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Instructor Class Description

Time Schedule:

Eugene Webb
Seattle Campus

Religion and Culture

Study of the relations between religion and culture, with attention to the role of religion in defining conceptions of order and grounding socio-political and artistic traditions.

Class description

Culture is often described by social scientists as a dialectic process, a mutually causal interaction between two poles: society and the individual. If the individual is the pole focused on, the disciplinary approach to its study is psychology. The social pole is the focus of sociology. From the point of view of religious thinkers, both these poles are important, but there is a third pole: the pull of transcendence (however this may be imaged or conceived). Our seminar will begin with the ideas of the anthropologist Clifford Geertz and the sociologist Peter Berger about the social dimension of culture. Then we will turn to the developmental psychologist Robert Kegan and the theologian Bernard Lonergan for a consideration of the ways the individual may develop in the direction of various forms of transcendence. After that we will look in depth into the ways the Christian religion has been studied with these issues in mind by the sociologist Rodney Stark and three theologians representing various stages of modern and post-modern religious thought.

Student learning goals

General method of instruction

Each session, two students will be responsible for beginning the discussion of the assigned writings. At the end of the quarter students will turn in a longer paper (about 15-25 pages) on a topic of their choice that they can relate to the readings and class discussions.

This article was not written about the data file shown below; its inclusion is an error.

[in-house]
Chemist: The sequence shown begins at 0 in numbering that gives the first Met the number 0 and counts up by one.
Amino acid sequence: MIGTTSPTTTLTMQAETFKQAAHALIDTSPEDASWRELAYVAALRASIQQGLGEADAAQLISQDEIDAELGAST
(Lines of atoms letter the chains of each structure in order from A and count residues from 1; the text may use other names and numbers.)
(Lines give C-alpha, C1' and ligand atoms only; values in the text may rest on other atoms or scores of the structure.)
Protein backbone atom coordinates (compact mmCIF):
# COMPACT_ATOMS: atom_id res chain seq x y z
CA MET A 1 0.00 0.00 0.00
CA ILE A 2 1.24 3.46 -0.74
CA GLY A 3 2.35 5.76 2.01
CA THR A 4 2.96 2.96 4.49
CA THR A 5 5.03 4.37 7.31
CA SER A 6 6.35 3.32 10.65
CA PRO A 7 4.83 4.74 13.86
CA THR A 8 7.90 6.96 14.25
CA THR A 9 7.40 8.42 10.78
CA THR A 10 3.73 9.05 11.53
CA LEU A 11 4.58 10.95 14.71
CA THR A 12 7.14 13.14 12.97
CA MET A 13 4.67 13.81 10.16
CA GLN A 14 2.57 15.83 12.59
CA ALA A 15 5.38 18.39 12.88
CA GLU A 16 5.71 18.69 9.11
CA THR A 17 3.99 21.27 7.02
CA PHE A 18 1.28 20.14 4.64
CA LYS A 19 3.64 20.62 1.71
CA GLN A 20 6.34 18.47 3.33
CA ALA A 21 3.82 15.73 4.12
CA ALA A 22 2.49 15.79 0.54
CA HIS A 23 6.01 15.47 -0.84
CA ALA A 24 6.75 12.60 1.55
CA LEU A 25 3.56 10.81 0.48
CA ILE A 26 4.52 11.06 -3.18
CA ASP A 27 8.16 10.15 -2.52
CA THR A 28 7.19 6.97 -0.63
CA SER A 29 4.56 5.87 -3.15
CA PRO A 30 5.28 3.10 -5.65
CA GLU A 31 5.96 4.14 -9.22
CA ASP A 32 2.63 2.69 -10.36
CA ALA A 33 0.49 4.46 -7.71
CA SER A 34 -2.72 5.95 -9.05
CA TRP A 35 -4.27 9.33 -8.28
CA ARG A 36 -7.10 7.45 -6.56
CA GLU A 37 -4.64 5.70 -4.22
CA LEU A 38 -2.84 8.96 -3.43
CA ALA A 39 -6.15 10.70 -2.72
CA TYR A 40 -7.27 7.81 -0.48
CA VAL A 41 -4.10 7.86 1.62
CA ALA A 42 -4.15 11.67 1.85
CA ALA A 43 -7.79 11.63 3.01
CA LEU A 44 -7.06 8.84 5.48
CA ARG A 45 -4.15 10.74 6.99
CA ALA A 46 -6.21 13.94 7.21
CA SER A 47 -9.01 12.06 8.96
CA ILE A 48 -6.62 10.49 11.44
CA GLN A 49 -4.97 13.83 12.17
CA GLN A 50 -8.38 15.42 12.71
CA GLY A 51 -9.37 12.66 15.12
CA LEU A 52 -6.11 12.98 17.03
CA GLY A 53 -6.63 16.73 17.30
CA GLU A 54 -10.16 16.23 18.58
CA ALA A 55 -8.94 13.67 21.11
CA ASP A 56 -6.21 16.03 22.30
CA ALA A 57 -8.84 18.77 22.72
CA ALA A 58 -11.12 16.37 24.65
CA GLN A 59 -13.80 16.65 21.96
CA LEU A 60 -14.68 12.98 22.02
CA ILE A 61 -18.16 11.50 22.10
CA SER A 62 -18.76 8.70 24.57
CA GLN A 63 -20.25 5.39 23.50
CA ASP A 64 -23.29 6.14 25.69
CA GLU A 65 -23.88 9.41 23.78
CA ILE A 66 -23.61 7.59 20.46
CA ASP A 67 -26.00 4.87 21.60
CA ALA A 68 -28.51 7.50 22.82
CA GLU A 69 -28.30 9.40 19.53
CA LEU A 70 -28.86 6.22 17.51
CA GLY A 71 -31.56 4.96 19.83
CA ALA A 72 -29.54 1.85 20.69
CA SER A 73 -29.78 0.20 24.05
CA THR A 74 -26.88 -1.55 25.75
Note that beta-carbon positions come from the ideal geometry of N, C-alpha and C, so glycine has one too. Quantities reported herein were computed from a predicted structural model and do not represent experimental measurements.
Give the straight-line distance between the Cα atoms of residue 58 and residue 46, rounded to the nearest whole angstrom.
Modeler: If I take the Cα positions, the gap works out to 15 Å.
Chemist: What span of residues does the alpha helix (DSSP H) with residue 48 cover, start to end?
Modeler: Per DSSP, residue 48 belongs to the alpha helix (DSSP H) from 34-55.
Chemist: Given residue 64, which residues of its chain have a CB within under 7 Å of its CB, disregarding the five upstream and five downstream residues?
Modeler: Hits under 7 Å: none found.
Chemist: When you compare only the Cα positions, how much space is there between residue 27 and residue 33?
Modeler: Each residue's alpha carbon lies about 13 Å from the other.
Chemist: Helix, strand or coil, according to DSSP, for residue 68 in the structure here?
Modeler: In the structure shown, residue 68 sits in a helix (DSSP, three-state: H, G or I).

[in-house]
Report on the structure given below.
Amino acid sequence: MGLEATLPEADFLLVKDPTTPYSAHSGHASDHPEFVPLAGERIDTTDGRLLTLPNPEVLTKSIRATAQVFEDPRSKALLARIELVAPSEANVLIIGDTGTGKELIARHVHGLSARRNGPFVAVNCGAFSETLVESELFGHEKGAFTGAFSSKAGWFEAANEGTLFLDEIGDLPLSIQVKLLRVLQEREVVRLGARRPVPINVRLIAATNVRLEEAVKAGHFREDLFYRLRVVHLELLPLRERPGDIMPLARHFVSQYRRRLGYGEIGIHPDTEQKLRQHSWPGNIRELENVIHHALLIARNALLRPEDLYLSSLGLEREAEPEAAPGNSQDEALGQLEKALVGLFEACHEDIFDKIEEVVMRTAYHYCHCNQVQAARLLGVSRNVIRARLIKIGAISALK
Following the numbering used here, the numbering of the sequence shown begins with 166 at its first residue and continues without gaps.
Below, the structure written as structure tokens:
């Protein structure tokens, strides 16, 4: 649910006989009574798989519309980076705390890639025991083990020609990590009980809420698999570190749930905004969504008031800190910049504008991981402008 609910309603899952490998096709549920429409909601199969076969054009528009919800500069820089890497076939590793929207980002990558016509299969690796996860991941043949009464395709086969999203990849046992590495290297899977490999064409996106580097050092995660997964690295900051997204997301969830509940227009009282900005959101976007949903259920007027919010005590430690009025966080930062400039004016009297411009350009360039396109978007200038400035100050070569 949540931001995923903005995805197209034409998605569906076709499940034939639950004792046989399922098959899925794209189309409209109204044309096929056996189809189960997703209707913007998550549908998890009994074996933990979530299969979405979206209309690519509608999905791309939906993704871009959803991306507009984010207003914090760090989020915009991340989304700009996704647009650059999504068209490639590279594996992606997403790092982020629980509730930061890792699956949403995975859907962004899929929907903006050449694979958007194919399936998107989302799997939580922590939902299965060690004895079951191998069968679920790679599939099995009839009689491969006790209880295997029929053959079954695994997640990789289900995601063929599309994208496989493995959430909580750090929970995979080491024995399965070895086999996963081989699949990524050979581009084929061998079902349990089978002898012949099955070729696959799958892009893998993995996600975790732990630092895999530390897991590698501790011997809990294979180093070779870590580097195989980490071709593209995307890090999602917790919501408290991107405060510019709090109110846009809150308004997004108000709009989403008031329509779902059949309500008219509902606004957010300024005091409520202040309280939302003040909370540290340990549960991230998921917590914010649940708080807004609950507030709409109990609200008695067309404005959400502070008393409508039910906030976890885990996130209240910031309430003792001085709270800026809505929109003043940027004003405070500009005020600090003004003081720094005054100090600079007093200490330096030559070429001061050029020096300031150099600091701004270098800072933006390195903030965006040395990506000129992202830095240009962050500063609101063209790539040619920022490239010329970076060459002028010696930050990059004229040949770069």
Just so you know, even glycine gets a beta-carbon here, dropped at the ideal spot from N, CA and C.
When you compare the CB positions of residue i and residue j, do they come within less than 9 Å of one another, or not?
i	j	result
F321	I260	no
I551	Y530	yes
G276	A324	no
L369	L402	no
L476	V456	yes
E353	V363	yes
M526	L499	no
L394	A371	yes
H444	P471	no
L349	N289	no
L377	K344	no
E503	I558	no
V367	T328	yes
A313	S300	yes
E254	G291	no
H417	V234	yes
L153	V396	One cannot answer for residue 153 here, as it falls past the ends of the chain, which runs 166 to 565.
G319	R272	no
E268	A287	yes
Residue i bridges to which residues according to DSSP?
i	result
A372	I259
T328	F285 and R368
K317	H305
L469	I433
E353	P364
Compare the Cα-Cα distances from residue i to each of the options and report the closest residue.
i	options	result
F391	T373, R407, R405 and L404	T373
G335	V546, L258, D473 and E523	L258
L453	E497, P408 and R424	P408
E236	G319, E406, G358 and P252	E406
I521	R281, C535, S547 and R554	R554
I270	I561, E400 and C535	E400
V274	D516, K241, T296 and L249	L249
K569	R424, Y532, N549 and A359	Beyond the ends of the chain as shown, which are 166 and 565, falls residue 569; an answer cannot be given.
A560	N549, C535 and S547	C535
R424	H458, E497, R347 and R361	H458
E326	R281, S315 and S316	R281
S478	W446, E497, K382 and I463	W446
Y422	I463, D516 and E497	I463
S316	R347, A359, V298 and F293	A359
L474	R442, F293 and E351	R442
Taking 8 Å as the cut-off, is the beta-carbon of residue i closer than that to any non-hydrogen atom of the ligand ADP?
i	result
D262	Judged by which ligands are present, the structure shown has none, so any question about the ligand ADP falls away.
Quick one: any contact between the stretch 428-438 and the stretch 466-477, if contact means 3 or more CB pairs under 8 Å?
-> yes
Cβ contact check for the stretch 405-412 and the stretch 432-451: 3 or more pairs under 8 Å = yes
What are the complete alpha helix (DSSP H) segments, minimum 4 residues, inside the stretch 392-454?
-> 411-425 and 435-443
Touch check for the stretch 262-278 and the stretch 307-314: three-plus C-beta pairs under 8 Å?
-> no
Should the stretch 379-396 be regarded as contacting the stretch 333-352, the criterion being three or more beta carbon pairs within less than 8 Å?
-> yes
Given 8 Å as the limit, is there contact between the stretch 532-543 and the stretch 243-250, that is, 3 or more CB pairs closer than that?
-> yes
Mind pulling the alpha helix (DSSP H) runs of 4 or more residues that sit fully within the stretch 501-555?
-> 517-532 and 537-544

Recommended preparation

Class assignments and grading

The assignments, by week, will be as follows: Week 1 Clifford Geertz, "Religion as a Cultural System" Week 2 Peter Berger, The Sacred Canopy (part 1) Week 3 Robert Kegan, In Over Our Heads Week 4 Kegan (cont.); Bernard Lonergan, Method in Theology (excerpts) & "The Subject" Week 5 Rodney Stark, The Rise of Christianity Week 6 H. Richard Niebuhr, Christ and Culture Weeks 7-8 David Tracy, The Analogical Imagination Week 9 Elizabeth Schüssler Fiorenza, Jesus and the Politics of Interpretation Week 10 Concluding discussions and presentation of papers.

Class participation and final paper

The information above is intended to be helpful in choosing courses. Because the instructor may further develop his/her plans for this course, its characteristics are subject to change without notice. In most cases, the official course syllabus will be distributed on the first day of class.
Last Update by Eugene Webb
Date: 12/23/2002